In our opinion the most important facet of the reliability equation is access. Good access makes it easy to inspect things, and to perform preventive maintenance. Both of these help avoid reliability issues underway. Equally important is simple engineering and systems that are designed from the beginning for owner maintenance and reliability. If there is a choice between simple and complex, it is always best to opt for simple. Of course using the best ingredients helps, as does over specifying items like wiring, plumbing, pumps, and DC systems.

Get Home System Logic

We have saved the hardest part of this discourse for last, get home systems. There are two major components in this decision process. The first is the performance target of th get home system. Does it need to take you across an ocean or just to the dock in a calm bay? The second is the get home system’s reliability and its impact on the rest of the vessel’s reliability.

Lets start with the most important part, reliability. By definition boats are crowded spaces, and typically the most crowded is the engine room. Any get home system that involves a propeller is going to make the engine room substantially more crowded and complex. This results in less access, and more difficult day to day maintenance, which in turn increases the risk of a problem with the primary propulsion system. So, question number one is the tradeoff between the everyday hit your maintenance takes against the potential (small) risk of needing a get home system which is diesel driven.

The other side of this conundrum is the reliability of the get home system, and its ability to get the intended job done. Take an auxiliary prop for example. Is it clean so it will function? If it is offset will it survive impact with ice or debris to which it is substantially more vulnerable? What about the get home prop’s propulsion system, including controls? Will this seldom employed gear work when needed? And how about performance in a breeze and waves?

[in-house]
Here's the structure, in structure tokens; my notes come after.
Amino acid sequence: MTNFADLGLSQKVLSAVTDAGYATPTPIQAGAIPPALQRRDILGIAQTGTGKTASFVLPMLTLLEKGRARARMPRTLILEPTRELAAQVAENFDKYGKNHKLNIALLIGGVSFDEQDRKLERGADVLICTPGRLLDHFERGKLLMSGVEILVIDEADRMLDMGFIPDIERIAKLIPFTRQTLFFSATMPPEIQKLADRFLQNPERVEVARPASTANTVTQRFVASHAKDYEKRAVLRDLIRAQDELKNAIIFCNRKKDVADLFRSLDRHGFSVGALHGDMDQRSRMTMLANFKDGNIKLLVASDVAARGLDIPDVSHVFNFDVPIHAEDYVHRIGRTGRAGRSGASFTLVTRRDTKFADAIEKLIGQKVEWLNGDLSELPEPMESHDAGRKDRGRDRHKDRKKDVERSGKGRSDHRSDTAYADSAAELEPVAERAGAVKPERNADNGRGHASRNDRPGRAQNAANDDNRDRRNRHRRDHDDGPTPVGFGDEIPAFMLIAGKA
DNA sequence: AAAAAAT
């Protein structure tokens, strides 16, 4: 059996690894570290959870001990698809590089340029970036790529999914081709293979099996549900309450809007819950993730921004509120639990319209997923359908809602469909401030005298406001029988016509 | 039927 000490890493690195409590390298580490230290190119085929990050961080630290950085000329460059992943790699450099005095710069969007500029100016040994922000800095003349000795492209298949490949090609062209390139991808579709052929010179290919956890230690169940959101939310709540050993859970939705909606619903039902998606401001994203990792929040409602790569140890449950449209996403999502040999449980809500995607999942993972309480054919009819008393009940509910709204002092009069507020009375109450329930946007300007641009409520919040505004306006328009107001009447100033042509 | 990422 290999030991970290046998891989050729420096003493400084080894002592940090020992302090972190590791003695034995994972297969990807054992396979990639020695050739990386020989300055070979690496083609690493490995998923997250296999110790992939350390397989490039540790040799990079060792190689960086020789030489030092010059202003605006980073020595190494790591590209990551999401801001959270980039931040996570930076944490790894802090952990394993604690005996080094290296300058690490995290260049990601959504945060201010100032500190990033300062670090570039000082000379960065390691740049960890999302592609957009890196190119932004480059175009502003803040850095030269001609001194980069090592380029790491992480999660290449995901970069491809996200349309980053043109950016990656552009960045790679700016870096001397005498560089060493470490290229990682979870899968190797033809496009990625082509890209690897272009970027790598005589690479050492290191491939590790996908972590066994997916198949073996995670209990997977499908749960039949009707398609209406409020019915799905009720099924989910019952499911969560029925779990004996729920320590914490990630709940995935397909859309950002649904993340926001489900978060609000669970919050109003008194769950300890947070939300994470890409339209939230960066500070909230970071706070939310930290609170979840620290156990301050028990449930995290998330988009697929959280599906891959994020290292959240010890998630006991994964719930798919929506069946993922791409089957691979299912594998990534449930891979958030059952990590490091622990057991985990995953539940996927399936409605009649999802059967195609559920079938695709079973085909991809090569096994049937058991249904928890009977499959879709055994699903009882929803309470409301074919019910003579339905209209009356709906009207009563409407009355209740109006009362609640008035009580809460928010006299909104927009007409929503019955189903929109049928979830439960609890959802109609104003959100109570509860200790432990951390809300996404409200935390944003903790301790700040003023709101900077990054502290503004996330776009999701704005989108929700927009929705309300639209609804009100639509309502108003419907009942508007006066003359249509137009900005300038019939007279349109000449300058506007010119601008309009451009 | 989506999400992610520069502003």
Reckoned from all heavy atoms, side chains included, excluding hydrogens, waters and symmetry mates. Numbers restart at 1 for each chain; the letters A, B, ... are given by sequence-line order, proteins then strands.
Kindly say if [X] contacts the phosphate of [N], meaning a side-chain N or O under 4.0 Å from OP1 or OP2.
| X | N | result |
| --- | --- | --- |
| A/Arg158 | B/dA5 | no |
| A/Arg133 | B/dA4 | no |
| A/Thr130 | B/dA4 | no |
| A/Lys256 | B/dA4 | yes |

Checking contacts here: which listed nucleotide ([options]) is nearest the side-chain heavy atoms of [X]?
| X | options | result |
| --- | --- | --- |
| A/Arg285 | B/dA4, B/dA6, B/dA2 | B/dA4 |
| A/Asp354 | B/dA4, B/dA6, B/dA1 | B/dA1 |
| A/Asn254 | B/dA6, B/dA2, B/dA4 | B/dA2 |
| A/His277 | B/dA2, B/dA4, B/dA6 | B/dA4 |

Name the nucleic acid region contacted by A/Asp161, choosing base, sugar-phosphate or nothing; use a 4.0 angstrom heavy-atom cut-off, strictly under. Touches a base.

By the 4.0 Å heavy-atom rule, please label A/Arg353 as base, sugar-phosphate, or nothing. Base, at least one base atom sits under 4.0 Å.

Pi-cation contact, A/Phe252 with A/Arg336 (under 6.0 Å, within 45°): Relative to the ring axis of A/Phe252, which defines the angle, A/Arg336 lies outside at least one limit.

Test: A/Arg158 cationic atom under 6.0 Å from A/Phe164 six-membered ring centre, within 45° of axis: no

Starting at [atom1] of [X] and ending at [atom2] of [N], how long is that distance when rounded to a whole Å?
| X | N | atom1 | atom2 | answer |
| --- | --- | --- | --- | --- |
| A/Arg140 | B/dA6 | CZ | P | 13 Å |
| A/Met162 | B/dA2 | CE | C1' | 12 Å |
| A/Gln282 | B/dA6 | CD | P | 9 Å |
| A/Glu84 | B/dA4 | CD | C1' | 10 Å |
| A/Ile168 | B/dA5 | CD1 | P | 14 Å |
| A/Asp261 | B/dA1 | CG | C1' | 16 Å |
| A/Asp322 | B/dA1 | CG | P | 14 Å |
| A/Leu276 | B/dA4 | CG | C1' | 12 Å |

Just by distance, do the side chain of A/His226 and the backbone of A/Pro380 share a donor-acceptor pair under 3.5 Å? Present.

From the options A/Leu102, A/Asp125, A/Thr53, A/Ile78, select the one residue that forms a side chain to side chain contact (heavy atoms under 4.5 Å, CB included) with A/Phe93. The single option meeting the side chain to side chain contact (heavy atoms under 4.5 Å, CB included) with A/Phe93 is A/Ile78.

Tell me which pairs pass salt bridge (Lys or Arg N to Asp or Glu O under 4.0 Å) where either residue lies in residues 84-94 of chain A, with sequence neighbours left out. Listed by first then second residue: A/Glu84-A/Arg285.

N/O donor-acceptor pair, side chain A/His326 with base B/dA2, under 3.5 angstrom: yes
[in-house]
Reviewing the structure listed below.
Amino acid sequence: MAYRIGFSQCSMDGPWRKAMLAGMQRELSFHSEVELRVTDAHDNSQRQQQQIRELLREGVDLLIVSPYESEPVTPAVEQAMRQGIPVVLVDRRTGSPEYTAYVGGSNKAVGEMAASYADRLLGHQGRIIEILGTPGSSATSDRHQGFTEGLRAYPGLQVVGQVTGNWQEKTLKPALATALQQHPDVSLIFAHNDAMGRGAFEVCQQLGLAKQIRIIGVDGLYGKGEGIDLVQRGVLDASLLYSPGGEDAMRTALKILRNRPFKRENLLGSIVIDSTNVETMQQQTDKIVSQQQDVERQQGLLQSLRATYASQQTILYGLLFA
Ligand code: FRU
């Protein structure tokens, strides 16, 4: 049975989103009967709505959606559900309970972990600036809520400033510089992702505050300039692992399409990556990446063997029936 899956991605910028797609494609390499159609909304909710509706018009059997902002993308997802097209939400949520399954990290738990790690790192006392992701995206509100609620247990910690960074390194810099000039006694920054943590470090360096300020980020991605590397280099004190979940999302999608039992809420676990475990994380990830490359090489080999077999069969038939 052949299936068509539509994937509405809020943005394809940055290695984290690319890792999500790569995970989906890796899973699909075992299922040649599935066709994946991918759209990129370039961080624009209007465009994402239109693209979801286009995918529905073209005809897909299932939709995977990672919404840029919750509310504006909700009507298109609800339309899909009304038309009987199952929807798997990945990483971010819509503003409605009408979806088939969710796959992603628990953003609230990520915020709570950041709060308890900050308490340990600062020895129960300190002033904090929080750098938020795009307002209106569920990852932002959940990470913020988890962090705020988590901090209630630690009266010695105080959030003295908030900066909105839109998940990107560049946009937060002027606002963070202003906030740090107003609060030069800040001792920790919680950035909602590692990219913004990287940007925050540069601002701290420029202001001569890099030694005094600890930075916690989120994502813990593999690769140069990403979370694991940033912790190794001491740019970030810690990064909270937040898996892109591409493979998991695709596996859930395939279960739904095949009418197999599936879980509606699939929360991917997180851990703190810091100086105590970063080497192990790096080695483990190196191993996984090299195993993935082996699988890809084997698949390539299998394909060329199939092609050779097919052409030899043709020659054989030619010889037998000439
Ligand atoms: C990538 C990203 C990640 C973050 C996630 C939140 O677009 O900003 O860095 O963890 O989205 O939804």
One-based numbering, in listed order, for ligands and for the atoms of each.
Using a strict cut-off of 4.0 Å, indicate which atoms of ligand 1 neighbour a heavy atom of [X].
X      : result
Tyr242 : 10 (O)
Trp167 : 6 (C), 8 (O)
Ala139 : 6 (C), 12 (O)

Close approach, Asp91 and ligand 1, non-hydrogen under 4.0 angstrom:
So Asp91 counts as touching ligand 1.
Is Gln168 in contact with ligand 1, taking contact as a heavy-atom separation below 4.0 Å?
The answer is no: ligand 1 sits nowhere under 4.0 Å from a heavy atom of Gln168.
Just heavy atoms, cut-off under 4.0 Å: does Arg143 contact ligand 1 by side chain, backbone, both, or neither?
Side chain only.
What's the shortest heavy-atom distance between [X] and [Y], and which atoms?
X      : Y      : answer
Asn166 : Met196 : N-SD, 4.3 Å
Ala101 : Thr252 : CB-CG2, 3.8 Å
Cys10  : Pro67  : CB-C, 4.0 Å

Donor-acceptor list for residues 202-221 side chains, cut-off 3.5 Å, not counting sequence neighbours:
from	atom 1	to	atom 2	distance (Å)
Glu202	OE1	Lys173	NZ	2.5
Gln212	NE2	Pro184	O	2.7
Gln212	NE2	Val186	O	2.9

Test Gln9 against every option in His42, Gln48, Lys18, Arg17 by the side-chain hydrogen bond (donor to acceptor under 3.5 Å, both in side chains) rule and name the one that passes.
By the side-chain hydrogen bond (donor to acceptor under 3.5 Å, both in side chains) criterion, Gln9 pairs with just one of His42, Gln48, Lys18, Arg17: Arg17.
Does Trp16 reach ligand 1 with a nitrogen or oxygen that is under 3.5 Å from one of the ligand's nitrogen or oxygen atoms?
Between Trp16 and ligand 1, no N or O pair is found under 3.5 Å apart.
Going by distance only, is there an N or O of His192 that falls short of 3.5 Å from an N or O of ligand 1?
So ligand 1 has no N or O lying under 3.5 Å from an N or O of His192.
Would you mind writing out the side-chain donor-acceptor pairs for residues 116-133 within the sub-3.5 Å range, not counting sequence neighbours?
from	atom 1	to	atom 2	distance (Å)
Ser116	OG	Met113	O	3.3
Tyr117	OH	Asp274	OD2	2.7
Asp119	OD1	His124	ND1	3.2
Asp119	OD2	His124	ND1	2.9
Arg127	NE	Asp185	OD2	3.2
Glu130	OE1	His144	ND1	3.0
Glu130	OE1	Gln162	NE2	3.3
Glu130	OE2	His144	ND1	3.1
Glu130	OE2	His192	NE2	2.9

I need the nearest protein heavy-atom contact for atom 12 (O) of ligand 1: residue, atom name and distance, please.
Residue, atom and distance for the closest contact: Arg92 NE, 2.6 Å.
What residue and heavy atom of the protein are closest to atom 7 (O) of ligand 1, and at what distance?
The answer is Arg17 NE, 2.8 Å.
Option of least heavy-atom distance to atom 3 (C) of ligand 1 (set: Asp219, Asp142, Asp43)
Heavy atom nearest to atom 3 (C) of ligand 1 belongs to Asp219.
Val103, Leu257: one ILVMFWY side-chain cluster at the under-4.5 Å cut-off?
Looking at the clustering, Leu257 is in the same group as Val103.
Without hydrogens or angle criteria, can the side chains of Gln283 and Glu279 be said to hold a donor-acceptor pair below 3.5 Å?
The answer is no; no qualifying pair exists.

As cruisers who enjoy out of the way destinations all of these thoughts have been going through our heads for years. We want maximum security ourselves (witness the over spec bottom plate, double bottom, and watertight bulkheads). Like you, we’d like to have a 100% reliable get home system that doesn’t negatively impact day to day systems. The problem is this is zero sum game, with limited space, and a wide range or risks, not all of which can be eliminated without prohibitive secondary costs.

Our own approach is to prioritize the risks. For us these begin with an ocean passage. We want to have a warm fuzzy feeling in our gut that we can complete what we start. Lets say we’re a day out of the Galapagos headed for the Marquesas Islands, with 2700 miles left to go, and something happens. Do we have the tools and parts to fix the problem? Odds are the answer is yes. But lets say we can’t get the engine going, then what?

The issue we worry least about is being without power on soundings, close to shore.

FPB 64 “Sailing Rig”

The get home rig on the FPB 64 is conceived to mitigate the passaging risks. The small jib forward is there for balance and steering, and to get the bow off the wind. The aft mainsail is the propulsor. We are not saying this is fast, but it will get you across the pond on a downwind passage. Obviously it won’t go to weather, but then neither will most get home propellers.

Coming back to the 2700 mile passage to the Marquesas, we are going to drift down wind at around a knot without sails. Add in half a knot of current, and another couple of knots from the sails, and pretty soon we are ripping along at three or four knots over the bottom. It might take a while but we’ll get there eventually.

The close to land scenario is less of a concern in that we have the option of using the dinghy alongside as a tug, or calling for a tow.

Now a question. Facing the need to complete an ocean passage of a thousand or more miles would you rather have a simple jury sailing rig, or a complex, probably poorly maintained auxiliary diesel which needs clean fuel to operate?

Comparing the FPB to Sail

At some point the question of ultimate reliability has to come back to an auxiliary powered sailboat. Having had lots of experience with these animals we can relate our own feelings on this subject in some detail. Initially the lack of a rig made us nervous. But we quickly came to the realization that in all respects Wind Horse was a safer and more reliable cruising platform. Sailing rigs are rife with maintenance and reliability risks. Comparing the issues associated with sailing to those of the Unsailboat FPB we came to the conclusion that the risks of dropping the rig under sail, and fouling the prop with rigging, were greater than of losing our engine on an FPB.